[NOTEBOOK]The $10 billion man comes homeImagine attracting $10 billion in a diplomatic mission that lasted only 11 days? If that's true, then it must be some sort of record. President Kim Dae-jung and his aides who promised that kind of monetary success before leaving Korea returned home Wednesday after a whirlwind round of visits in Europe.
I wanted to ask Mr. Kim and his aides whether they had actually achieved what reports said they would. On Monday, an answer to my question came from Europe. Mr. Kim, the answer said, achieved greater results than expected before the group left. The answer, far from satisfying my curiosity, only brought more questions.
First, let's study some of those reports from Europe. Lee Ki-ho, Mr. Kim's senior secretary for economic affairs, reportedly said that due to "sales diplomacy" in Britain, Norway and Hungary, the trip accomplished orders worth $10.41 billion. The breakdown from respective sectors was: commitment from foreign investors, $4.18 billion; construction and plant exports, $5.26 billion; and information technology exports, $970 million. Britain topped the list with $9.05 billion, accounting for about 90 percent of the total; Norway pledged $960 million and Hungary $400 million. When I added things up, the sum came to exactly $10.41 billion.
Before leaving this country, Mr. Lee had mentioned aiming for a similar figure. He stated then that when he estimated the expected amount that the presidential trip might make, the projection was more than $10 billion. Added to that would be figures expected from various sectors. I'm left wondering how that figure was reached even before Mr. Kim began his sales diplomacy.
This recent trip started with Mr. Kim's participation in a ceremony to commemorate the 100th anniversary of the Nobel Peace Prize. Because Mr. Kim gets criticized for leaving this country so often, his aides focused on the so-called sales diplomacy of this trip. That was a smart decision. It is highly desirable for a nation's president to serve as a CEO to attract foreign companies and investments, and to explore new export routes for domestic firms. Those kinds of tasks can lead to economic recovery and a better employment picture.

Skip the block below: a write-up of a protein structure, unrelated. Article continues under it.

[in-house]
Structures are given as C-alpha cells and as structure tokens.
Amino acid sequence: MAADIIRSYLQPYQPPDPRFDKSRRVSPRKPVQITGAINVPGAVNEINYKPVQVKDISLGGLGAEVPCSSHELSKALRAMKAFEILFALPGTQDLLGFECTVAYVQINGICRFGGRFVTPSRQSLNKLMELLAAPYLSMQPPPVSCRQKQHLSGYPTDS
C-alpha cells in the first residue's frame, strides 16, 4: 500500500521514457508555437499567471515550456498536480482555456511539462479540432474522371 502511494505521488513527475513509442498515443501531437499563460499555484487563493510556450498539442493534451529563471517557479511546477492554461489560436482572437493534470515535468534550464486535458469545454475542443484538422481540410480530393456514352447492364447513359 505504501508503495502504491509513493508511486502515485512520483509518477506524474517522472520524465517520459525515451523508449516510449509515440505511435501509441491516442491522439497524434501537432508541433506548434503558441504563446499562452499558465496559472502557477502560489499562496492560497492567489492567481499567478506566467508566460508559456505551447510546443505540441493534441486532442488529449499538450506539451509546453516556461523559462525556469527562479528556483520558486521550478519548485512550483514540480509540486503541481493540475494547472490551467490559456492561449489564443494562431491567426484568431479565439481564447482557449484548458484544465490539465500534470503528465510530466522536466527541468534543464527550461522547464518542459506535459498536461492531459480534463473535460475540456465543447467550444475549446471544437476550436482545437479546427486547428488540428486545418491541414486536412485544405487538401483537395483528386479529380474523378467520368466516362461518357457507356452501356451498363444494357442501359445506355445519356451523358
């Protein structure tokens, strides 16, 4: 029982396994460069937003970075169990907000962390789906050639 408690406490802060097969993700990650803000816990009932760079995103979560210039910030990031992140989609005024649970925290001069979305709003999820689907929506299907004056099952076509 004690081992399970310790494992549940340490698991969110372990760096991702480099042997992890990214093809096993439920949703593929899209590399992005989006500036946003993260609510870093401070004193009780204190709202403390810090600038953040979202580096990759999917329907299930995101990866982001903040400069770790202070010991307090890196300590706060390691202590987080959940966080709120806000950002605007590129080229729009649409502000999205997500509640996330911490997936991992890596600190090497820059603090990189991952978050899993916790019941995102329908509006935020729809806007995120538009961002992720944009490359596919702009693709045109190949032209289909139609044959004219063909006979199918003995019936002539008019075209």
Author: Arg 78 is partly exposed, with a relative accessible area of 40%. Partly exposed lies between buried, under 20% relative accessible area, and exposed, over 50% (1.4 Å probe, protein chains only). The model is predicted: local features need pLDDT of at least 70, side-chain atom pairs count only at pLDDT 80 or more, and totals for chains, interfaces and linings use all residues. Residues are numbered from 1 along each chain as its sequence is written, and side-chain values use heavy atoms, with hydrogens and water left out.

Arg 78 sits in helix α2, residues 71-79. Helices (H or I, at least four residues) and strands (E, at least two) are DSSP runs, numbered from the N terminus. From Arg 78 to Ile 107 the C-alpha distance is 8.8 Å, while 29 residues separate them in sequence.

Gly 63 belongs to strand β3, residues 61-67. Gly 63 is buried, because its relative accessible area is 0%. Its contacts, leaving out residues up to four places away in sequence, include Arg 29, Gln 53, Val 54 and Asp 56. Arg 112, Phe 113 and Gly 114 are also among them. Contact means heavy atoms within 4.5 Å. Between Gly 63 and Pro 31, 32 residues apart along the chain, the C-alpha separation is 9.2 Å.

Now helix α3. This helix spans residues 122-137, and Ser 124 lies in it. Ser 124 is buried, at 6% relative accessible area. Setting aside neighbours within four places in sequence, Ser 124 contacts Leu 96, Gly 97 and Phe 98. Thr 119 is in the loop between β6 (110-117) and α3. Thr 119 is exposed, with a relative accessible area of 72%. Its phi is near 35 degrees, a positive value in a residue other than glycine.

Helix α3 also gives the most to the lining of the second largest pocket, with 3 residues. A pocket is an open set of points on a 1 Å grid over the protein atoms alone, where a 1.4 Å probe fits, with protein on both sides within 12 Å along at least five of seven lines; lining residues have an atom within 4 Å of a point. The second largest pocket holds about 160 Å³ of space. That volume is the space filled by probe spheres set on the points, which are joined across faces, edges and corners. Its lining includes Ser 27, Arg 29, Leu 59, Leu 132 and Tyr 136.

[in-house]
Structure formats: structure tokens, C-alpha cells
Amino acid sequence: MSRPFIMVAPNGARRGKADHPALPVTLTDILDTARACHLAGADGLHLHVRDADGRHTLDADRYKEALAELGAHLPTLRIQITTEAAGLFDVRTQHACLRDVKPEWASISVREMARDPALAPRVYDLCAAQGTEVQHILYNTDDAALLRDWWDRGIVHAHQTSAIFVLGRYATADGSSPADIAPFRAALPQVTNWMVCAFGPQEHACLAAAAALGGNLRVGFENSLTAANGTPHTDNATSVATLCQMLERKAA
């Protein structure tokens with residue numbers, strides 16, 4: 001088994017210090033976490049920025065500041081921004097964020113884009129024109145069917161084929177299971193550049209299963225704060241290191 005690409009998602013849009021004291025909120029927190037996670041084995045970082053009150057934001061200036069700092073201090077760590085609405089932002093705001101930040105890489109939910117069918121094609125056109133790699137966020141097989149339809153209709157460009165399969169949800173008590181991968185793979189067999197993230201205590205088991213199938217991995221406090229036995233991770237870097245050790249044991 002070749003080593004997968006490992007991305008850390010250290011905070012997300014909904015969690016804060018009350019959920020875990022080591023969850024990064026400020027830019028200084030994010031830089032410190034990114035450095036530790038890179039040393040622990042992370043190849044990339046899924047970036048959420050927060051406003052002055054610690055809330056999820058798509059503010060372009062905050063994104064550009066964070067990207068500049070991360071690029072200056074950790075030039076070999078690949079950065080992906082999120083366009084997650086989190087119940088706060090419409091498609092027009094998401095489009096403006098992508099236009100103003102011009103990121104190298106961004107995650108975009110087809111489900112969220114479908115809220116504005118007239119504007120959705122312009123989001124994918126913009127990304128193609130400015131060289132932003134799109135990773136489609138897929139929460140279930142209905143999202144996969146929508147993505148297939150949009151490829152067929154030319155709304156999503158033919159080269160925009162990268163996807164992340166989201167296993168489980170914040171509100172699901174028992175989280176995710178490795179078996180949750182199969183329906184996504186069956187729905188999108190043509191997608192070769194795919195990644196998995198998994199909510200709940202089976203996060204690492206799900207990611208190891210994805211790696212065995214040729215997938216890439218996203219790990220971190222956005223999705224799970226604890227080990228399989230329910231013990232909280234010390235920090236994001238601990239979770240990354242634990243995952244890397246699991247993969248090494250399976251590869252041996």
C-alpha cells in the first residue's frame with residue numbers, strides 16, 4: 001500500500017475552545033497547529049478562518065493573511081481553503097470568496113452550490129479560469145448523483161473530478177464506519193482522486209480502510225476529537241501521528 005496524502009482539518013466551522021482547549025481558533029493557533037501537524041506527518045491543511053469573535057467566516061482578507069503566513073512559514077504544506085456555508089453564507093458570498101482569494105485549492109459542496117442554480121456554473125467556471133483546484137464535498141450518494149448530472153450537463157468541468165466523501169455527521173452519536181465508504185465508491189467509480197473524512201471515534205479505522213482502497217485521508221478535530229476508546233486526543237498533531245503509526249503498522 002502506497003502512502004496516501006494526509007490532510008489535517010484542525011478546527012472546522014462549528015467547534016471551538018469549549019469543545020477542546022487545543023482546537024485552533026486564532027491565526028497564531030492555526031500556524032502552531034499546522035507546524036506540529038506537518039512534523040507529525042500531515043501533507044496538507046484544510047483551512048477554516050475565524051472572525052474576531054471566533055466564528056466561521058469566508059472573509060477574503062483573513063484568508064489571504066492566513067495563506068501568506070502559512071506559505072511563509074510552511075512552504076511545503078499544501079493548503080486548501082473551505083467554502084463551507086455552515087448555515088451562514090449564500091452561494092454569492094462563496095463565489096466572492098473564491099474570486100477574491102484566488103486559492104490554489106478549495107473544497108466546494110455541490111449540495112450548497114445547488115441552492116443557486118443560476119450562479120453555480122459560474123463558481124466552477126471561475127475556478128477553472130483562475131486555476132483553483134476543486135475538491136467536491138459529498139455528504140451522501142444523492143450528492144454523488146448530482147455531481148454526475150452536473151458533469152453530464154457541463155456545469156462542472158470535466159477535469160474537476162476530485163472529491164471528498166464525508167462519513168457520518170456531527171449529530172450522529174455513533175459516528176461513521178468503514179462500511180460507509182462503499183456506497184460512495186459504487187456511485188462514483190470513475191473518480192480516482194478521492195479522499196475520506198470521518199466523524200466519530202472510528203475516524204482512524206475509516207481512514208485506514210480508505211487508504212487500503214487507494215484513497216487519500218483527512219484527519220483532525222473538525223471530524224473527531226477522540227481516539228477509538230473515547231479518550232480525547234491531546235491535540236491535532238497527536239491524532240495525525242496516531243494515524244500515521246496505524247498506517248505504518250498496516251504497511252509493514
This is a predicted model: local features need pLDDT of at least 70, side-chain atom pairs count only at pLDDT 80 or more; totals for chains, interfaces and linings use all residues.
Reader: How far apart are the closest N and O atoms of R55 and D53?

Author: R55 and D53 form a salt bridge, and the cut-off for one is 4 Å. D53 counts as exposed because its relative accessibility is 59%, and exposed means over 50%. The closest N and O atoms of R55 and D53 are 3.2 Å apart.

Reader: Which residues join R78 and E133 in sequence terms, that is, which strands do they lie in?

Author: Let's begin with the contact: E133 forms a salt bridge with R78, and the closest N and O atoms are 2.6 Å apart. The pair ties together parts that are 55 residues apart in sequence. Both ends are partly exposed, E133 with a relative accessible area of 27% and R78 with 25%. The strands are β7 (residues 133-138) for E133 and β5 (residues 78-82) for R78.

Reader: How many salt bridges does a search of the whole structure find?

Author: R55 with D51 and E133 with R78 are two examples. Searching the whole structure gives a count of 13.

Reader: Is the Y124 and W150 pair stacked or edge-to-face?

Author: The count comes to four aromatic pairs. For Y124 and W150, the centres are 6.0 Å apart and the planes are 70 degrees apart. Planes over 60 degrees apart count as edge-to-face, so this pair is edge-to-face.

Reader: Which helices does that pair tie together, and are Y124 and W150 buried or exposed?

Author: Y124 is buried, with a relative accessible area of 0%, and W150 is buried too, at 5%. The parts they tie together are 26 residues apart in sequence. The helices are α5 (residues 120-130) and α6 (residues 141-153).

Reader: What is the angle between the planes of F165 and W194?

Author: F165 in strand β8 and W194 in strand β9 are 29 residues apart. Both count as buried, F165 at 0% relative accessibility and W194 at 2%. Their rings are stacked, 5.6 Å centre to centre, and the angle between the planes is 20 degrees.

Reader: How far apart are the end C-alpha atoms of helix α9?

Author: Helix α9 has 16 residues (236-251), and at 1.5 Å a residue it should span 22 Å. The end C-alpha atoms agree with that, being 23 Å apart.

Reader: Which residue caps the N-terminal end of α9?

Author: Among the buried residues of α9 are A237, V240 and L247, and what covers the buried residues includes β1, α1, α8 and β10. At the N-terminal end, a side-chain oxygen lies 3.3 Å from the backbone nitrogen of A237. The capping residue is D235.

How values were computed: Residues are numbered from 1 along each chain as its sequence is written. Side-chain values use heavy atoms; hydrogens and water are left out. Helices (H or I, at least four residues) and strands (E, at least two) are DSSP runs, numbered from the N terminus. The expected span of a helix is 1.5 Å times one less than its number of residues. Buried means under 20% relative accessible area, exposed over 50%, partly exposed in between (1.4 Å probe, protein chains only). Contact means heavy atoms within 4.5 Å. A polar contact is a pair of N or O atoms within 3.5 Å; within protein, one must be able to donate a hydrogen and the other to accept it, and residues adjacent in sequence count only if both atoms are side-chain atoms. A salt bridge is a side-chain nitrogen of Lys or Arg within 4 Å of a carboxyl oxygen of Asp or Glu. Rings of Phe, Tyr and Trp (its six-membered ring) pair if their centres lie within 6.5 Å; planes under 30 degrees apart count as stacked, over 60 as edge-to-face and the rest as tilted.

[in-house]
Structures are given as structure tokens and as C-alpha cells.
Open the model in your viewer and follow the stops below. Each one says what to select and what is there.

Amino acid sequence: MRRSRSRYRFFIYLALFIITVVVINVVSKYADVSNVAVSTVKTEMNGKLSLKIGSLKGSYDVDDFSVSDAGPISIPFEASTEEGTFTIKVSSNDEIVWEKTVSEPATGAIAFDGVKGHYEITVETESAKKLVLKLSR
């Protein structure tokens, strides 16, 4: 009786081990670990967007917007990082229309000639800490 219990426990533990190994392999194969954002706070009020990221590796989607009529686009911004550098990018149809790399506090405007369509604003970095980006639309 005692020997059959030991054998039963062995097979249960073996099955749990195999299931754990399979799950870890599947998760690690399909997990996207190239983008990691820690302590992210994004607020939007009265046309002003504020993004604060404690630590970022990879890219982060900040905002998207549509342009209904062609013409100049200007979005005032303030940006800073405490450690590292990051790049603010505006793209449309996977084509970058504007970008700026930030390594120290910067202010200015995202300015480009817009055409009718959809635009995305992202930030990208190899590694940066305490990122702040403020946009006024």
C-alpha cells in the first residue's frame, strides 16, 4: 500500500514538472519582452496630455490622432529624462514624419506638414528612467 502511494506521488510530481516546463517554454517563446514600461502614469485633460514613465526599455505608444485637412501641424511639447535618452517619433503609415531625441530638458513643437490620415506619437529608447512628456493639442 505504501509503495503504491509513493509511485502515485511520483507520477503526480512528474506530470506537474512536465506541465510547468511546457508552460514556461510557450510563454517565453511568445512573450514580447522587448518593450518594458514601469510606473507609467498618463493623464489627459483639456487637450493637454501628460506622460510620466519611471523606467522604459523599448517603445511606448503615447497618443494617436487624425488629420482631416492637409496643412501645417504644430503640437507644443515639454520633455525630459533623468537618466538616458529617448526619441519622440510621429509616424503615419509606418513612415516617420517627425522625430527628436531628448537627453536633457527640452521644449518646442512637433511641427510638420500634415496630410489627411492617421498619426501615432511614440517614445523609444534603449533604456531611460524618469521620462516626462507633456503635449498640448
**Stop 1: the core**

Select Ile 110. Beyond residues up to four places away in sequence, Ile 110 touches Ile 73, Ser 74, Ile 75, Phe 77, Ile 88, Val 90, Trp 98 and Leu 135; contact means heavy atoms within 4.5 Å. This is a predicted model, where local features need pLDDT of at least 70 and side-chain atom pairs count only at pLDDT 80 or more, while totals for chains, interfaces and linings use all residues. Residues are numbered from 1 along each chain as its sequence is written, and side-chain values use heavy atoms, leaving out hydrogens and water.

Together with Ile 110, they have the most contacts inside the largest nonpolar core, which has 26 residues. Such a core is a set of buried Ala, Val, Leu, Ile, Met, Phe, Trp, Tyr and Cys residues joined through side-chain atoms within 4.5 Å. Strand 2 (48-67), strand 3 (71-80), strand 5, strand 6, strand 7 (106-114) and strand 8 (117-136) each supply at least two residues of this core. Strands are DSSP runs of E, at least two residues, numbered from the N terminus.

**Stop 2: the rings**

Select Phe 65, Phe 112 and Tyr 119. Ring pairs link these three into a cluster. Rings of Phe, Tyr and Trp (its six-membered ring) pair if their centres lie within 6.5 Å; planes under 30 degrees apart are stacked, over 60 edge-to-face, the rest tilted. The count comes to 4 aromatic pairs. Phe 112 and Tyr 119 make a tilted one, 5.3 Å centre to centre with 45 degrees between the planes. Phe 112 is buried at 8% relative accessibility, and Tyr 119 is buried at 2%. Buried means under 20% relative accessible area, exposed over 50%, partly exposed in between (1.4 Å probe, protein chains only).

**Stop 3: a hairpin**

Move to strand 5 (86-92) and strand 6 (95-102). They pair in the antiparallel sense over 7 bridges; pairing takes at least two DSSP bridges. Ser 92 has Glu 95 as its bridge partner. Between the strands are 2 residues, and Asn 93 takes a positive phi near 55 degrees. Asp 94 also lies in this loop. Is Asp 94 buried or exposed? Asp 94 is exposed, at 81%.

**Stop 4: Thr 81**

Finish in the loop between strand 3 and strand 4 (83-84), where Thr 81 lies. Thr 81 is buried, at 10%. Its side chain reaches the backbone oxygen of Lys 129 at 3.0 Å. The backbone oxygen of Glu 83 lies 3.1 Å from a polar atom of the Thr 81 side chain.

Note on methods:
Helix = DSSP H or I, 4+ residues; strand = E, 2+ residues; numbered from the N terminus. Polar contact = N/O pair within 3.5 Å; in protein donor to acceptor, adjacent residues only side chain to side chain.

About a month ago, Samsung Corp. announced that it would hire 15 people in its international division. For those 15 positions, some 10,000 applications were received. By studying various indicators such as university performances and foreign language test scores, Samsung reduced the number to 1,000. For the final interview, Samsung had a much more difficult time reducing those 1,000 to 40 applicants.
The Samsung case showed clearly the seriousness of the unemployment situation for educated young Koreans.
Amid this revelation, the announcement came that President Kim would visit European countries for $10 billion worth of diplomacy. The announcement was enough to attract people's attention, though few gave much notice to it for it seemed a routine news item. Nobody really gave much thought to the promise that President Kim would gain $10 billion in results － even before it happened.
In the same manner, the $10.41 billion figure, which came at the end of the visits, did not draw any special attention either. The president's staff, obviously disappointed at that lack of reaction, likely felt that the domestic media didn't value highly what a president in his late 70s had achieved.
But the president's staff should consider why that large sum of money failed to attract people's attention. I think that's because the figure is the sum of everything that could possibly be gained in business with the countries he visited. Specifics mentioned between Korean firms and European companies before the visit, and export negotiations, which are in their infancy, are included in the $10.41 billion.
So it's not an accurate figure. For example, if you calculate sales results for a month, you should calculate what you sold in that month. You should not include what you talked about selling.
That kind of overstatement showed, in past administrations, a staff's excessive loyalty toward a president. I don't know why hyperbole like that, without any substance behind it, continues to happen. It should be stopped.
The writer is the international economic news editor of the JoongAng Ilbo.
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